Seattle-based site operator John Musser's ProgrammableWeb is doing a magnificent job of tracking the development of social computing and mashups on the web.
Anyone interested in participating or developing applications for the social side of computing could do worse than visit ProgrammableWeb.
Just as it sounds, this site is dedicated to developing to the web as a platform, and is especially instructive in the craft of mashups. Moreover, it reveals in each of the sites it tracks which APIs have been used, and even has a section entitled "How To Make Your Own Web Mashup" in which it guides users at all levels of expertise in how to make the basic decisions about where to start, and from there which APIs will be needed. It also of course provides a list of APIs to guide you as to what's available, with comments as to their use and, of course, where to get them.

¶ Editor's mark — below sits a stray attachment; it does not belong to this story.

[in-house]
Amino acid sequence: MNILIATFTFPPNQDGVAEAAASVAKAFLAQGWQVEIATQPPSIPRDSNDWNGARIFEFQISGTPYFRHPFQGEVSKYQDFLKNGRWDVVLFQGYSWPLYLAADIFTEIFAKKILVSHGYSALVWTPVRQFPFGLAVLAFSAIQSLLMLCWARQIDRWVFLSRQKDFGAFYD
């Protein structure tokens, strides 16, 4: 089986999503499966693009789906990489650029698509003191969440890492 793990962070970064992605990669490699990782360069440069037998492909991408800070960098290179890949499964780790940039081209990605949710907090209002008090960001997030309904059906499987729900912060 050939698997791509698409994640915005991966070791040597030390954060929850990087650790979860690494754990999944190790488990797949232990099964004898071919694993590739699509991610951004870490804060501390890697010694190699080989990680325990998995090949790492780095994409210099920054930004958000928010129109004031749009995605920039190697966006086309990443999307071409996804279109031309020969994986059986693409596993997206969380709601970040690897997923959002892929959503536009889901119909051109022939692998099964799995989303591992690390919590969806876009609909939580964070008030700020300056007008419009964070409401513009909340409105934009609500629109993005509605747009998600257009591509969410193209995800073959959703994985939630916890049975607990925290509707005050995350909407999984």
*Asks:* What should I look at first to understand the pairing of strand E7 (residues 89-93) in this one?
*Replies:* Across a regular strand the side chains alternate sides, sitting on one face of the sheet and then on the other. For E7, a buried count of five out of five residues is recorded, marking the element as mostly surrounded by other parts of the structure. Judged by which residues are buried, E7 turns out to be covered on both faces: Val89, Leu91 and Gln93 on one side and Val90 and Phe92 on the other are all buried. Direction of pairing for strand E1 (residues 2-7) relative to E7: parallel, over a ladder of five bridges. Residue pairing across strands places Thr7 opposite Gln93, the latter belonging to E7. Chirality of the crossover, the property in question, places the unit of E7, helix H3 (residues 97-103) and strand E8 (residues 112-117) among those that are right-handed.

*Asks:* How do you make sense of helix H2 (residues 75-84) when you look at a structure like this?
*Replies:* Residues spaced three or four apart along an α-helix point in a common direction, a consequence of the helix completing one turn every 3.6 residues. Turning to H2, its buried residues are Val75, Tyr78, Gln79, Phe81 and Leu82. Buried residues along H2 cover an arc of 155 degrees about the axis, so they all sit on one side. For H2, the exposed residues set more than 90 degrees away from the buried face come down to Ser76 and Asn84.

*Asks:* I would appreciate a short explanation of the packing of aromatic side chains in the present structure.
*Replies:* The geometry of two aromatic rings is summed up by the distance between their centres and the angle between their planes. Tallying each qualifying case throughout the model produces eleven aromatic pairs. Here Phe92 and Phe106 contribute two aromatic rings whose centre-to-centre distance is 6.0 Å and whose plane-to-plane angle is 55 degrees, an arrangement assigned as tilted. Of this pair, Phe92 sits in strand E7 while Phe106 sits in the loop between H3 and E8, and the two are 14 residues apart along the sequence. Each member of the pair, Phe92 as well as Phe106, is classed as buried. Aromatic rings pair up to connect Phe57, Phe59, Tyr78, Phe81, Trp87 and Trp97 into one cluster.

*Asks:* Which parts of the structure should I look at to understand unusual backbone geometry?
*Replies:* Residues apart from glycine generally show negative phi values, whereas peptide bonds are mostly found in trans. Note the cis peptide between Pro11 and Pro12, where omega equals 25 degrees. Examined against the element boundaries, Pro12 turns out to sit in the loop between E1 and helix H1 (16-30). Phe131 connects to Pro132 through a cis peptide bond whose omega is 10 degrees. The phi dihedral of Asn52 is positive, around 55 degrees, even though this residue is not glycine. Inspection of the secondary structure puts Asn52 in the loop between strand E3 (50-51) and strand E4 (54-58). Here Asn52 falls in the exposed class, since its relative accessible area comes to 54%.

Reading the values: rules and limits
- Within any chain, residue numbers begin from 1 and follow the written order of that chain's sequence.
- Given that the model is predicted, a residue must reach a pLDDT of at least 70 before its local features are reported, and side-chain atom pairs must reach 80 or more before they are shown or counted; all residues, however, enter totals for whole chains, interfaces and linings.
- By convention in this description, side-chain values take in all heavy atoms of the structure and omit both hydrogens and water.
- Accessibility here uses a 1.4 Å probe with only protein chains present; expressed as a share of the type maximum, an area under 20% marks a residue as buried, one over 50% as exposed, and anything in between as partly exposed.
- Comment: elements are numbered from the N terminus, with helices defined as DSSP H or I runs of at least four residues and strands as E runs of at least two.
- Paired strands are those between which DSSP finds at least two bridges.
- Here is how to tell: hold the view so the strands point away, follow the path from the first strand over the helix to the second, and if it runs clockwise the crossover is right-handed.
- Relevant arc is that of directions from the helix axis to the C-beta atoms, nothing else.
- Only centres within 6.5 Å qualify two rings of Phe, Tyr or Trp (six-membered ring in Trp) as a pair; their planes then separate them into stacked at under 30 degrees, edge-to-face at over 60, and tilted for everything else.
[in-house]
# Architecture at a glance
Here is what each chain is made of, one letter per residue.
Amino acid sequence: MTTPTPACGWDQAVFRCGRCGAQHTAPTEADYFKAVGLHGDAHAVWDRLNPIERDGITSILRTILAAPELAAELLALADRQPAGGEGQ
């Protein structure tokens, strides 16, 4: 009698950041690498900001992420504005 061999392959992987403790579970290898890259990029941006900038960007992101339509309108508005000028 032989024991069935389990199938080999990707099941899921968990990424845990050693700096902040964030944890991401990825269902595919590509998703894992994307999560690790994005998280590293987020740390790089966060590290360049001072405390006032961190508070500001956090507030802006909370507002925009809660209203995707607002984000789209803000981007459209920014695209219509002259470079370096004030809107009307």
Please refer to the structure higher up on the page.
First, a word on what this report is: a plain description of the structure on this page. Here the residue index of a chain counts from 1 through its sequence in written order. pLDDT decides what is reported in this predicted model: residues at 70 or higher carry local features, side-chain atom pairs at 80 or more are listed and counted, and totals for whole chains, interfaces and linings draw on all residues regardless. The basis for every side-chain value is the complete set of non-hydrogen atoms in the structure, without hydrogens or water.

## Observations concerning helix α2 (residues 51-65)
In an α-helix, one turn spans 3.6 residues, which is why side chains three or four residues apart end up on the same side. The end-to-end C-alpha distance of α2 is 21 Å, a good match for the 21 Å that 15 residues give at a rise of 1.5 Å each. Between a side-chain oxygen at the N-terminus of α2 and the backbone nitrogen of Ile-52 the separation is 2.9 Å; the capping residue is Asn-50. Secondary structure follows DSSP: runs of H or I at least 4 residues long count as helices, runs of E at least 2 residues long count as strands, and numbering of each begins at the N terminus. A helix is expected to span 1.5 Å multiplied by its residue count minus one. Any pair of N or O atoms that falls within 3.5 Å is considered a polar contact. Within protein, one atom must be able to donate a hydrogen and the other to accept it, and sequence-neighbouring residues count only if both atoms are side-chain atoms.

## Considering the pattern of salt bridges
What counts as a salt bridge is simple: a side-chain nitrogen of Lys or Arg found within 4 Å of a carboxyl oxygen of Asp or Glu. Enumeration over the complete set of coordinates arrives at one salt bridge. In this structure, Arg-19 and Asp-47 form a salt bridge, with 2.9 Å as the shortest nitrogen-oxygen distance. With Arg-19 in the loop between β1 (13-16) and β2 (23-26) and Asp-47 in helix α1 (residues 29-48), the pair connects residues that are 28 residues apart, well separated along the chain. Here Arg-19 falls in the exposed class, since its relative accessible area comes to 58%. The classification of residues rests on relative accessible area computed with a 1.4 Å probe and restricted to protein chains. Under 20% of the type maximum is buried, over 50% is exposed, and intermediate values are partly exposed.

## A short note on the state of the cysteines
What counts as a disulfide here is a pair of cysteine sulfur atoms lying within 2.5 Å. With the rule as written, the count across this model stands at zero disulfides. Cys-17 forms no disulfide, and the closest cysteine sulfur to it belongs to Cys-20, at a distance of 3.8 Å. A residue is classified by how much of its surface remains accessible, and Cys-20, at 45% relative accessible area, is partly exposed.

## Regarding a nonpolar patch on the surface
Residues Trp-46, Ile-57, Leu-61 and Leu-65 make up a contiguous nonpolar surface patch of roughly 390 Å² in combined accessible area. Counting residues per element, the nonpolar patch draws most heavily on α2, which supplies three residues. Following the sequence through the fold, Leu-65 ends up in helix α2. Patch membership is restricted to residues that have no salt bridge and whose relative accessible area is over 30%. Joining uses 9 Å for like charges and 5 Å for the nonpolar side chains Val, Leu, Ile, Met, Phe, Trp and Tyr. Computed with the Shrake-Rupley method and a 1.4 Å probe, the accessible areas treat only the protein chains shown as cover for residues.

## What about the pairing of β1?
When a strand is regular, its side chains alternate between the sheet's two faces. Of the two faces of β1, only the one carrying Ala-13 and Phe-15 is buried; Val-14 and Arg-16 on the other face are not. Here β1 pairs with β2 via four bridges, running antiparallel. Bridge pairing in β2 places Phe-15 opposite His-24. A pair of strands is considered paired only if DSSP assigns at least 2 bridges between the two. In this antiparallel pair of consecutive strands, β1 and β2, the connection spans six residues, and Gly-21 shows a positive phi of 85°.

I've blogged on the extremely neat personal mapping application Platial before, and a significant element of ProgrammableWeb indeed focuses on maps based on Google's APIs, among others.
An especially timely example is mapgasprices, which does exactly that, soliciting local input from users on the prices they find at the stations in their neighbourhoods. It's early days yet, but I'd say this site's usefulness can only grow like a snowball if the current price hikes persist.
ProgrammableWeb has attracted some publicity and its core comprises a blog and three dashboards, Home, Mashups and APIs, which are updated daily.
Quite apart from being an extremely useful developer's tool, for anyone simply wanting to keep on top of the state of this nascent but rapidly advancing art, Seattle-based site operator John Musser is doing a magnificent job.